Where did the extra weight come from? A good 84 pounds or so came from new sound-deadening insulation, such as thicker doors and improved sealing. Hyundai says there are decreased vibrations, too, via the new rigidity of the body shell.
All those pounds make for a car that feels about average when it comes to acceleration. Hyundai didn't quote any numbers, but we expect it will fall about midpack within its segment of competitors. Although the V8 model clearly has more low-end punch, it doesn't feel appreciably faster than the V6. In fact, the only reason we can see to get the 5.0 over the 3.8 is if you really must be able to tell people that you sprung for the V8.
The one downside we found with the V6 is that, even in Normal transmission mode, it seems to tell itself, "I've got all these gears. I might as well use them." Give the gas pedal just a slightly harder prod and there's a big aggressive kickdown, when we'd much prefer that the engine just use some more of that ample torque.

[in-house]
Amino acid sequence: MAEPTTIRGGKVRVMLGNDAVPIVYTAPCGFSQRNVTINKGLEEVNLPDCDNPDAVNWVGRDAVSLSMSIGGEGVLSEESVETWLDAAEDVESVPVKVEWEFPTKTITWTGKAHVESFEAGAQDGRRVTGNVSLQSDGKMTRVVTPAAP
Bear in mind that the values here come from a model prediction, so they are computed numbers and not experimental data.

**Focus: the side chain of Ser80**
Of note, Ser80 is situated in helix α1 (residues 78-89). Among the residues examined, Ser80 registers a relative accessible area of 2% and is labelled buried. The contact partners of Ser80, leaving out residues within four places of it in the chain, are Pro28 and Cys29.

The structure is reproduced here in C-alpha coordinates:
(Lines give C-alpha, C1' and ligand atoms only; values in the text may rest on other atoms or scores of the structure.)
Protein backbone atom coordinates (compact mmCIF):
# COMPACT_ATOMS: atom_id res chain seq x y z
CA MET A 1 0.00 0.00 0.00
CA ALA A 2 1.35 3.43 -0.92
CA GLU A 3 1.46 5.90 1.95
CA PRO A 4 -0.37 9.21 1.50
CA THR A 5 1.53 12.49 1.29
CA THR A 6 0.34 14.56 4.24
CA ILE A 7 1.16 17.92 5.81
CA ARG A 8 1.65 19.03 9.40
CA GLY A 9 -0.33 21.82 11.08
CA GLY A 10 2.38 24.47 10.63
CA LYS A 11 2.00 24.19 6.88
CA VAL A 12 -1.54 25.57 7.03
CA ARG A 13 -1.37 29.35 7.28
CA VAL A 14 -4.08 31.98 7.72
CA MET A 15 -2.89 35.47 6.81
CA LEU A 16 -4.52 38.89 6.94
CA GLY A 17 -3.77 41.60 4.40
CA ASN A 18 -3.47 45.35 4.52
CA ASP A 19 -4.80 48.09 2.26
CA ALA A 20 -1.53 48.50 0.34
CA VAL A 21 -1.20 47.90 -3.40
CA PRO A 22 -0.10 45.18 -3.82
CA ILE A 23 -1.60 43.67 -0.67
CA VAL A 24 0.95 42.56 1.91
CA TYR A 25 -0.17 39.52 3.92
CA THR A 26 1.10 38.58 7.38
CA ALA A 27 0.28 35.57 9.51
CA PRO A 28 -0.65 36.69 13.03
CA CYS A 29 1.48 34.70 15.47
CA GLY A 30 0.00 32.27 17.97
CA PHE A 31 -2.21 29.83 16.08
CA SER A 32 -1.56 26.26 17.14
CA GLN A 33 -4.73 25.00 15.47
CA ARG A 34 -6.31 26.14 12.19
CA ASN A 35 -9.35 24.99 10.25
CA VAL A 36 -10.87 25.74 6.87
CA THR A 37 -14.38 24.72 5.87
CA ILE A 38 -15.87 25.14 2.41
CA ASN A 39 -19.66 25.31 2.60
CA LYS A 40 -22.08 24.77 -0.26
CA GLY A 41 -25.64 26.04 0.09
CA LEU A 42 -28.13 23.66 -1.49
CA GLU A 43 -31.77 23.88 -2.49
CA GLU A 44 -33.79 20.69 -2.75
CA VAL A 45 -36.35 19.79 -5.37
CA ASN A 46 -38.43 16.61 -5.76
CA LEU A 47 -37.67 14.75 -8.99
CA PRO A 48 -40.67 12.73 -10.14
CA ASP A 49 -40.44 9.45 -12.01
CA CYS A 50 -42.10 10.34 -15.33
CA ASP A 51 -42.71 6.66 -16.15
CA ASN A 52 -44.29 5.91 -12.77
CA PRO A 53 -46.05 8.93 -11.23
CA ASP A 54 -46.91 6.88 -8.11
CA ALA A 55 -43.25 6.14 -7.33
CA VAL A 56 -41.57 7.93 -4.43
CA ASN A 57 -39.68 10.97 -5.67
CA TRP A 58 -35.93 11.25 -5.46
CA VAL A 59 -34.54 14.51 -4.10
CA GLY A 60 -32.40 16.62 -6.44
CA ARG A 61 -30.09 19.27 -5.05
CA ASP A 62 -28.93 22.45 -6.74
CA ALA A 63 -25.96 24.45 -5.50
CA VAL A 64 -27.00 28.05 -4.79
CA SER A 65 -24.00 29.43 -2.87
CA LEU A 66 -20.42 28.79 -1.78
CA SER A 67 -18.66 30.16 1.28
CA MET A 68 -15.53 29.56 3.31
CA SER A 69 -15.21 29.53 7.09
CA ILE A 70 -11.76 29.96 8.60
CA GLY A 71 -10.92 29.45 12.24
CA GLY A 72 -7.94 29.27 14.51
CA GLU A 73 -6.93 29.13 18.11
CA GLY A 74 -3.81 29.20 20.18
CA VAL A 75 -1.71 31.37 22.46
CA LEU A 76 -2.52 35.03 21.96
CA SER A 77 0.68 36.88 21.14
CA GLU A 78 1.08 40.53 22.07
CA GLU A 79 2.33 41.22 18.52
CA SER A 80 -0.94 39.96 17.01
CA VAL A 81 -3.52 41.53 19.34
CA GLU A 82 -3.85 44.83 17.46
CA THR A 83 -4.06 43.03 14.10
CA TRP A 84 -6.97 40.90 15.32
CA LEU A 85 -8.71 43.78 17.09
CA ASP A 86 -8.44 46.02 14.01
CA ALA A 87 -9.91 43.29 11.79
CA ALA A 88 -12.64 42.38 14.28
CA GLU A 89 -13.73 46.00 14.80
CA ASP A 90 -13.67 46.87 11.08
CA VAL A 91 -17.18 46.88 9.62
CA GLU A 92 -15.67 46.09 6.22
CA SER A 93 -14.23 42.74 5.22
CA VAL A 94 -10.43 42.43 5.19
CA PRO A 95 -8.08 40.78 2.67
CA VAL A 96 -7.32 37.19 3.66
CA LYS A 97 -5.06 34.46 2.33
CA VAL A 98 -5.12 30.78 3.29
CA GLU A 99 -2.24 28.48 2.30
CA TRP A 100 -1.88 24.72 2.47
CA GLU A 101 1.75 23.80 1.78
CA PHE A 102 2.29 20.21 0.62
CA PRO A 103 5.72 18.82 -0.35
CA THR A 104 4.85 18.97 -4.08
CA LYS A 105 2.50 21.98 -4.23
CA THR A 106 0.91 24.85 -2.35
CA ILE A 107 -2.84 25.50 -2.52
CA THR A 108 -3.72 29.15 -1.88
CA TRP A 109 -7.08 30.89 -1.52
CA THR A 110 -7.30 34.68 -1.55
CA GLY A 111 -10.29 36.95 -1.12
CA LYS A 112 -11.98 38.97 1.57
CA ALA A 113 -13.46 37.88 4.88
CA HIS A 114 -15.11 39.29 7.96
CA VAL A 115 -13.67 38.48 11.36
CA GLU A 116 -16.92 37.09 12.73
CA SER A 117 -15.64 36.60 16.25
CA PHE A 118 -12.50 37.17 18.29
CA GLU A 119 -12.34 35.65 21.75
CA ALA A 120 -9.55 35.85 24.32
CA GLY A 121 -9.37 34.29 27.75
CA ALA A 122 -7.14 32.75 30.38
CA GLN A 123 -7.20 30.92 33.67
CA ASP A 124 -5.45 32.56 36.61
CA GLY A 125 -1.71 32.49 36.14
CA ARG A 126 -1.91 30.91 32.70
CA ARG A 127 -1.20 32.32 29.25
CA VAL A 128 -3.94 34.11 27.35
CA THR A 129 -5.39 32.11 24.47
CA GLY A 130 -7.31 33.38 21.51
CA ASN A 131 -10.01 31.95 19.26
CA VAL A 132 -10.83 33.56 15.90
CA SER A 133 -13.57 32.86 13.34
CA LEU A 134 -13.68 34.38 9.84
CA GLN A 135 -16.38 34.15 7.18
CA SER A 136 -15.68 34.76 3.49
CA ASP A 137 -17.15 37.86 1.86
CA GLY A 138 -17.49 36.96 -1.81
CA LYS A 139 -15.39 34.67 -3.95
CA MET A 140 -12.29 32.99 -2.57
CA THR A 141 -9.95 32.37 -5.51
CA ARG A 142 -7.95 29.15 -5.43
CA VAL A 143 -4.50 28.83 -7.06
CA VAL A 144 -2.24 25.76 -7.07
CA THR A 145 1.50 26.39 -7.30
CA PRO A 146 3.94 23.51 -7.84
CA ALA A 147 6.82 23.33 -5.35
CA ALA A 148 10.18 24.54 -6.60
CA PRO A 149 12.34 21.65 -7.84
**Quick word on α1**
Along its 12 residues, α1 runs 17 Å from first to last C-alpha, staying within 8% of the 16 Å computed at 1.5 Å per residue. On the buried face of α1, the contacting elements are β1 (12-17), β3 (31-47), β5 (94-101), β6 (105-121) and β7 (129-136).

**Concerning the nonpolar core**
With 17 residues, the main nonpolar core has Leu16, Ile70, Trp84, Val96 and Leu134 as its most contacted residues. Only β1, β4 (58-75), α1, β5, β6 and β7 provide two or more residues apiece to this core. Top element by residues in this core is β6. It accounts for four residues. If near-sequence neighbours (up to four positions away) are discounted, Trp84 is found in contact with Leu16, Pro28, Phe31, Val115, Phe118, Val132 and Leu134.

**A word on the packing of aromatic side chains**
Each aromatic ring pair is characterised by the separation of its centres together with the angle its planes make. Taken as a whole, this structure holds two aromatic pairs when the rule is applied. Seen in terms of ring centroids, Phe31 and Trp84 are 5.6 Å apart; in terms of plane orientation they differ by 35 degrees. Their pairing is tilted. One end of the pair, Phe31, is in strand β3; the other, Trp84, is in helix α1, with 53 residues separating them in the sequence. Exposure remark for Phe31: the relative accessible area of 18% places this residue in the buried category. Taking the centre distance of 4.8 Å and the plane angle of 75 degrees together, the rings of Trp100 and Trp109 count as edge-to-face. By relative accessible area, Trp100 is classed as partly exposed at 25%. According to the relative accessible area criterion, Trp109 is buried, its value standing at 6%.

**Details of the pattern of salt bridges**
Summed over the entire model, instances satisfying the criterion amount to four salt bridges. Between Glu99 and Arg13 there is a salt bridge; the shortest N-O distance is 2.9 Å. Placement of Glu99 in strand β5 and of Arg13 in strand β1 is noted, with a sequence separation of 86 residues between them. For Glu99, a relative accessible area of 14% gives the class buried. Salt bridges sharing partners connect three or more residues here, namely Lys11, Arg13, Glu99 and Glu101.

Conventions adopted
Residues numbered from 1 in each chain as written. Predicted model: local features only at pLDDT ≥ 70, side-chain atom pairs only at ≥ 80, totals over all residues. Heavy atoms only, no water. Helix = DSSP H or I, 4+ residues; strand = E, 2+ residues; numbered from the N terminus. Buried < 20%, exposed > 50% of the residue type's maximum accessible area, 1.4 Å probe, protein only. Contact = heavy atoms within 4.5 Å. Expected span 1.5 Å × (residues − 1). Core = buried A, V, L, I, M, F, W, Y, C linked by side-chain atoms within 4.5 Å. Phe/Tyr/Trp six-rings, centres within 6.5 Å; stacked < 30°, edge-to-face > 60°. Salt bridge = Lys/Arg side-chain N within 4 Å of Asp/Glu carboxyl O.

A Cabin You Don't Have To Learn How To Use
As dramatically different as the Genesis is on the outside, its interior reflects a far more subtle approach. Instead of trying to reinvent the entire cabin, Hyundai's designers focused on a simple layout, small detail changes and improved materials.
There are big analog dials in the instrument panel and a large navigation screen dead center in the dash. A pleasingly simple console shifter sits in front of a control dial that provides the interface for many of the car's controls. If you don't like using it, there are redundant touchscreen controls as well. The climate and radio controls sit just under the navigation screen and offer actual dials for the temperature, volume and tuning functions.
Detail changes include a reshaped steering wheel for a more comfortable grip, multi-density seat foams and easier-to-grab door handles. None of this is groundbreaking stuff, but taken together they're a good sign that Hyundai realizes that luxury vehicles are about more than just increased features and cords of wood.